Answer ... (a) Procedure, including evidence?
If the parties fail to agree on the rules of procedure, the arbitral tribunal may conduct the arbitral proceedings in such a manner as it considers appropriate, in accordance with the provisions of the Arbitration Act (Article 32(3)).
Likewise, the arbitrators may decide on the admissibility, relevance and probative value of the proposed and presented evidence, unless the parties have agreed otherwise (Article 32(4)).
(b) Interim relief?
Unless otherwise agreed by the parties, the arbitrators may order interim relief at a party’s request. The Arbitration Act is not particularly detailed in this regard and states only that the arbitrators may order interim measures that they consider necessary in respect of the subject matter of the dispute, and may at the same time order the opposing party to provide appropriate security (Article 31).
(c) Parties which do not comply with its orders?
There are no specific powers in this respect, especially not of a coercive nature. Generally, the arbitrators may conduct the proceedings in a way that they deem appropriate and may thus draw any inferences that they consider suitable towards a party that does not comply with their orders. However, when it comes to evidentiary matters, since the arbitrators cannot force the parties to abide by their orders, they are expressly empowered to request assistance in taking evidence from a court (Article 46).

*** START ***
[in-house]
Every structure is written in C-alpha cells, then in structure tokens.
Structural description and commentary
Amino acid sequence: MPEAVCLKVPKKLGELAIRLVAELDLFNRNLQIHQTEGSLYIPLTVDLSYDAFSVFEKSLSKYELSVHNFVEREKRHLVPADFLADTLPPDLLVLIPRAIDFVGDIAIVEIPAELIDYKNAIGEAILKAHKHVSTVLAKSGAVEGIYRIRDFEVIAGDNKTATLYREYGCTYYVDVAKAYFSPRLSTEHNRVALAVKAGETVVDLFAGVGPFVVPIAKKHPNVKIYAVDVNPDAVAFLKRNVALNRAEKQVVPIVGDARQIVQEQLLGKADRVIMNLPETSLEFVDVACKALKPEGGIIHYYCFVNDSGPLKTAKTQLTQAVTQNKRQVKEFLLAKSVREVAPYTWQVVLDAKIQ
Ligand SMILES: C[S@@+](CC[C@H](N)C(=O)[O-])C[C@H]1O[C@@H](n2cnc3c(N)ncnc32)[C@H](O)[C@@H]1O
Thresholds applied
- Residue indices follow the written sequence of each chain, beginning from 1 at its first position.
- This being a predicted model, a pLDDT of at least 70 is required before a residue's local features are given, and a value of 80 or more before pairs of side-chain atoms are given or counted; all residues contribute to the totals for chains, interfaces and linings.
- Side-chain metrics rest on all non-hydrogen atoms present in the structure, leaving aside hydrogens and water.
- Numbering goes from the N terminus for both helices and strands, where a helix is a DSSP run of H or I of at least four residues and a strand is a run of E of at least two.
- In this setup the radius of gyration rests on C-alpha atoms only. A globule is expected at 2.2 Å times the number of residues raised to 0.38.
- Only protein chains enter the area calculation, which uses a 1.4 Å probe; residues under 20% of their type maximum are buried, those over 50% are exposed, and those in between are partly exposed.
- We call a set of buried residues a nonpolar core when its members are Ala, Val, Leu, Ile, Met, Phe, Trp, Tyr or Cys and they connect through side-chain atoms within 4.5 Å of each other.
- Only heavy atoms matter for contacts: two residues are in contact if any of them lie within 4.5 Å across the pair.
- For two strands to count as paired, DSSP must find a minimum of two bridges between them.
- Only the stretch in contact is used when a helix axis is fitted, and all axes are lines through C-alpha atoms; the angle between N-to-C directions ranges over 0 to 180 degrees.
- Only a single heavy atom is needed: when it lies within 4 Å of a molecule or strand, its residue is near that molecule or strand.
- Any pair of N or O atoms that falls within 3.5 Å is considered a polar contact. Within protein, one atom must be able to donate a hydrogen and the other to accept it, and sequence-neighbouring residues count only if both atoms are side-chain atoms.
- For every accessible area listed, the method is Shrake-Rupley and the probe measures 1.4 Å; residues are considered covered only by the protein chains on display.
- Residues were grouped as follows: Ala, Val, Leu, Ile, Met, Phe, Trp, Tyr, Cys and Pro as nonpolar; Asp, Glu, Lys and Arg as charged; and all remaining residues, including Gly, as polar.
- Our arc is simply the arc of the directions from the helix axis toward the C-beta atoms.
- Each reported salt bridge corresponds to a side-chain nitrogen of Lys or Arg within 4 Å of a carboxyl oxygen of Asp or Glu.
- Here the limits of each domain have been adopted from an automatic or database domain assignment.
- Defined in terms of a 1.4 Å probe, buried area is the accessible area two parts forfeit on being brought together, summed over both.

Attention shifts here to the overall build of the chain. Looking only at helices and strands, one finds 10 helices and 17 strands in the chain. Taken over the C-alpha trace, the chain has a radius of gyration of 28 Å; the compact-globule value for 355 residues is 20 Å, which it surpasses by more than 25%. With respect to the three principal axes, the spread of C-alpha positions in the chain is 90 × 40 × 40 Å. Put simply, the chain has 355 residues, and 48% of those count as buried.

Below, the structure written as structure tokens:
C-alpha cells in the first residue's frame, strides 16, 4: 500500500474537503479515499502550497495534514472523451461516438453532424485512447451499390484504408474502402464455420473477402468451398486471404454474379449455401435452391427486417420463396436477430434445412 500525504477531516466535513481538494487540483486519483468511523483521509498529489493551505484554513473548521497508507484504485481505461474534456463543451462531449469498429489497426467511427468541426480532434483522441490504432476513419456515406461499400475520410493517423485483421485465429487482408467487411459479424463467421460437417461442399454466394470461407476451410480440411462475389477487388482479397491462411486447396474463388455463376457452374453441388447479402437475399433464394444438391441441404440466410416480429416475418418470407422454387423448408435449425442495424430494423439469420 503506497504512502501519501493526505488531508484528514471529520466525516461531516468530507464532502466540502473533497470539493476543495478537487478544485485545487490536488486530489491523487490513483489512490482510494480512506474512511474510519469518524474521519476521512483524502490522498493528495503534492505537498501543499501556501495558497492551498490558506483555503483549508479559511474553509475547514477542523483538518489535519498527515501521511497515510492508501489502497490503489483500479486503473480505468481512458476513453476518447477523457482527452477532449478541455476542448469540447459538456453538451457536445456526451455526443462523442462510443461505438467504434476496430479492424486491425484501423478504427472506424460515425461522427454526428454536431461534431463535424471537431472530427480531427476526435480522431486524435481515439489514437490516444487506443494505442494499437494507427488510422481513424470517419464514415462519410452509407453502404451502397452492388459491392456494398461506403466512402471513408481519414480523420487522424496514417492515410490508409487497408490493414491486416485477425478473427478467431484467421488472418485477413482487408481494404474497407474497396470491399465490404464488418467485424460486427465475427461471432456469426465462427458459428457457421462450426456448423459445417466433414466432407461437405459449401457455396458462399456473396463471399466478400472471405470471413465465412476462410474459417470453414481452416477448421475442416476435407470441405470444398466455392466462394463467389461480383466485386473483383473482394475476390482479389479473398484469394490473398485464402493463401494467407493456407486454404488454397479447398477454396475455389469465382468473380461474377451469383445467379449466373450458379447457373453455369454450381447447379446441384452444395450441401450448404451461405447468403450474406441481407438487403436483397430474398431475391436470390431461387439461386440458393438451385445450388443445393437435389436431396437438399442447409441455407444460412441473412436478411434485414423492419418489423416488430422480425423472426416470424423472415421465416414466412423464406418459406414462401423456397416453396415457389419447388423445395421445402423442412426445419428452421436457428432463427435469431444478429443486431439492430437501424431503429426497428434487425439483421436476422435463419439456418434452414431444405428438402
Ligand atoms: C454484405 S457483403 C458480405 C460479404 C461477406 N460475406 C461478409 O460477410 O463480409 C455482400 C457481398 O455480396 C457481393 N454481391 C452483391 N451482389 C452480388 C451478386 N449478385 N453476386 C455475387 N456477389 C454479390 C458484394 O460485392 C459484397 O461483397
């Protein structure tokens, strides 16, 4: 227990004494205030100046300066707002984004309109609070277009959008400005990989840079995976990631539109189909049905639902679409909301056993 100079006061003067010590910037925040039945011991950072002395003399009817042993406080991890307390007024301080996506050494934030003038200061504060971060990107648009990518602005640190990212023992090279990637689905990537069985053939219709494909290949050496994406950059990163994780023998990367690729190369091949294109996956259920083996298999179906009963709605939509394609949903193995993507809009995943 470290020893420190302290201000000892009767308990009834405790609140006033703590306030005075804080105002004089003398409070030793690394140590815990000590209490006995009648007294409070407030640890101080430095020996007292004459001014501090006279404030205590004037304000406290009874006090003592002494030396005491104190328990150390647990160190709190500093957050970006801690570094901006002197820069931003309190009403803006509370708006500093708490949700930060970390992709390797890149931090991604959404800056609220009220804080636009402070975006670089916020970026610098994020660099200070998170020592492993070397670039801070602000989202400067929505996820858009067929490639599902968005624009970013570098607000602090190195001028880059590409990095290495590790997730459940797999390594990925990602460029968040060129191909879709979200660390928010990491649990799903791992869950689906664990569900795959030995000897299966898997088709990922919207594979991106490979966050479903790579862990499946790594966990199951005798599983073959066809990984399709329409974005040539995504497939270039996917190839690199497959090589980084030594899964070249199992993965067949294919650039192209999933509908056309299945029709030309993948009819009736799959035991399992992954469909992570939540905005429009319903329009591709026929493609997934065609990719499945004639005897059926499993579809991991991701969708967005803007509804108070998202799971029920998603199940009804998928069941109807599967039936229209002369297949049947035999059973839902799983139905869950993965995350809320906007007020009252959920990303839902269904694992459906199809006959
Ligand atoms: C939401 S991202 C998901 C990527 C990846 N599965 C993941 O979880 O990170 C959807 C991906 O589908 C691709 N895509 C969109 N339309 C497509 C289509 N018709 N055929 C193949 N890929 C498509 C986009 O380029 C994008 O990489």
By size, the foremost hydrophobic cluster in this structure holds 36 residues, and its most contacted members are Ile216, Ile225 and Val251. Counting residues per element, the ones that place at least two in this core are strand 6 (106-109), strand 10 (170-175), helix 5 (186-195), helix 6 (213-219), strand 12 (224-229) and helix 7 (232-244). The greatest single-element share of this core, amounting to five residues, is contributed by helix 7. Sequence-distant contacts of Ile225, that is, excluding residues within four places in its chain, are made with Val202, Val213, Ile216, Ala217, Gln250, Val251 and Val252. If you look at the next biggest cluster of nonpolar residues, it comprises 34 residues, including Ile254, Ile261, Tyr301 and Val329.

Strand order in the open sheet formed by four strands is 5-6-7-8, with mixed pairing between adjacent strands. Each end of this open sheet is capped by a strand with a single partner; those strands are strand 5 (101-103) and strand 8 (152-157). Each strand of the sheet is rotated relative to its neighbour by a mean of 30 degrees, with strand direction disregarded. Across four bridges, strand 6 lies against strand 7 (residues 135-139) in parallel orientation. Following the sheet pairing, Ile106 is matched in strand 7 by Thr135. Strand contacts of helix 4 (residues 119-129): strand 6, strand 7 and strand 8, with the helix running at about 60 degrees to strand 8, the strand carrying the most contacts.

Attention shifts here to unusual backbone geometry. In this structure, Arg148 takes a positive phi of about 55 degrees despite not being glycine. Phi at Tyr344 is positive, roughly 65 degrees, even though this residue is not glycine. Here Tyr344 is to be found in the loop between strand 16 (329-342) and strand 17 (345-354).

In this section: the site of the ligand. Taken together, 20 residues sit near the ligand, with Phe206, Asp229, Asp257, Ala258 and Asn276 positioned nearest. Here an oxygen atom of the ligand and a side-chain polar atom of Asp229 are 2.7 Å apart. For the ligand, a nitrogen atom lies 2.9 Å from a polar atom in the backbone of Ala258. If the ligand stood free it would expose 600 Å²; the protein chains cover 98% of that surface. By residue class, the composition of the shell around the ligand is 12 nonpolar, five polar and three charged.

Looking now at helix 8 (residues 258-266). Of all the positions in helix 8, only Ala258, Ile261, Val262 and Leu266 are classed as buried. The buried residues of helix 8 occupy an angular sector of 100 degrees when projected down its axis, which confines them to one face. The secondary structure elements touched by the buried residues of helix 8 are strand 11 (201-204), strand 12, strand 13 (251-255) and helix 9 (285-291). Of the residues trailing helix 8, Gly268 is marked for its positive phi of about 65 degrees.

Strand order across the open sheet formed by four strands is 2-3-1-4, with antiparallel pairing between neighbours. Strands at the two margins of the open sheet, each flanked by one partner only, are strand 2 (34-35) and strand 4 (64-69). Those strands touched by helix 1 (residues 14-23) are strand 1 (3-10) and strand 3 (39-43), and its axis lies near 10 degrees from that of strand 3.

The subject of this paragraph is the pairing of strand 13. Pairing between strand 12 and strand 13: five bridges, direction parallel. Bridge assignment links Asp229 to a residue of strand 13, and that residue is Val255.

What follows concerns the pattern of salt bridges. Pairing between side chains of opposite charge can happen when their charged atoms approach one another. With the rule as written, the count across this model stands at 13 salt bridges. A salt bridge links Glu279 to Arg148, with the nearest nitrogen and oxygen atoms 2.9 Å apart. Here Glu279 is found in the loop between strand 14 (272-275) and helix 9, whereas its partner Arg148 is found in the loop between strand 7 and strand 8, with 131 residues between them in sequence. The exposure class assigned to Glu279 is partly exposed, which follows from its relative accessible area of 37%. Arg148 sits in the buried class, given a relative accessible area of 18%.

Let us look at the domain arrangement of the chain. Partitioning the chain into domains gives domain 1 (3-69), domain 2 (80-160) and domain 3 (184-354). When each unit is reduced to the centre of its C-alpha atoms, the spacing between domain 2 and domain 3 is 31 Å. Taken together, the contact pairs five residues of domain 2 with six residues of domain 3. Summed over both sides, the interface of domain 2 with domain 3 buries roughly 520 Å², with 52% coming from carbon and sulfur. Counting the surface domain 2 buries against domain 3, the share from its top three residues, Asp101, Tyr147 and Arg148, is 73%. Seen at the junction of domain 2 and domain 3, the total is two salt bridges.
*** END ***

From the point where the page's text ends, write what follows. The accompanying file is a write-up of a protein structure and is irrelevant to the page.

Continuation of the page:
(d) Issuing partial final awards?
The arbitrators are granted the power to issue partial awards (Article 48(2)). A partial award is rendered if only a part of the claim is decided. Although the Arbitration Act does not define the conditions for issuing partial awards, these might be drawn from Serbian civil procedure principles, which provide that a partial judgment might be rendered if several claims are put forward by the claimant and only some of those claims are ready for a final ruling (Article 346 of the Civil Procedure Act).
(e) The remedies it can grant in a final award?
The Arbitration Act does not expressly limit the types of remedies that can be granted by arbitrators in arbitrations seated in Serbia. The available types of relief are primarily related to the law applicable to the merits. This principle is subject only to Serbian public policy restrictions.
The Arbitration Act is silent on the matter of interest. In Serbia, the applicable interest rate is either determined by the parties in the underlying agreement (contractual interest rate) (Articles 399 to 402 of the Contracts and Torts Act) or provided for under the law (statutory interest rate) (Articles 277 to 279 of the Contracts and Torts Act). While these rules are generally a part of substantive law and will apply only if Serbian law applies as such, it should also be noted that Serbian law prohibits excessive interest rates and interest on interest (except in credit transactions involving banks). However, it is still questionable whether the breach of such principles would be deemed a breach of Serbian public policy in terms of a procedure to set aside or recognise and enforce an award.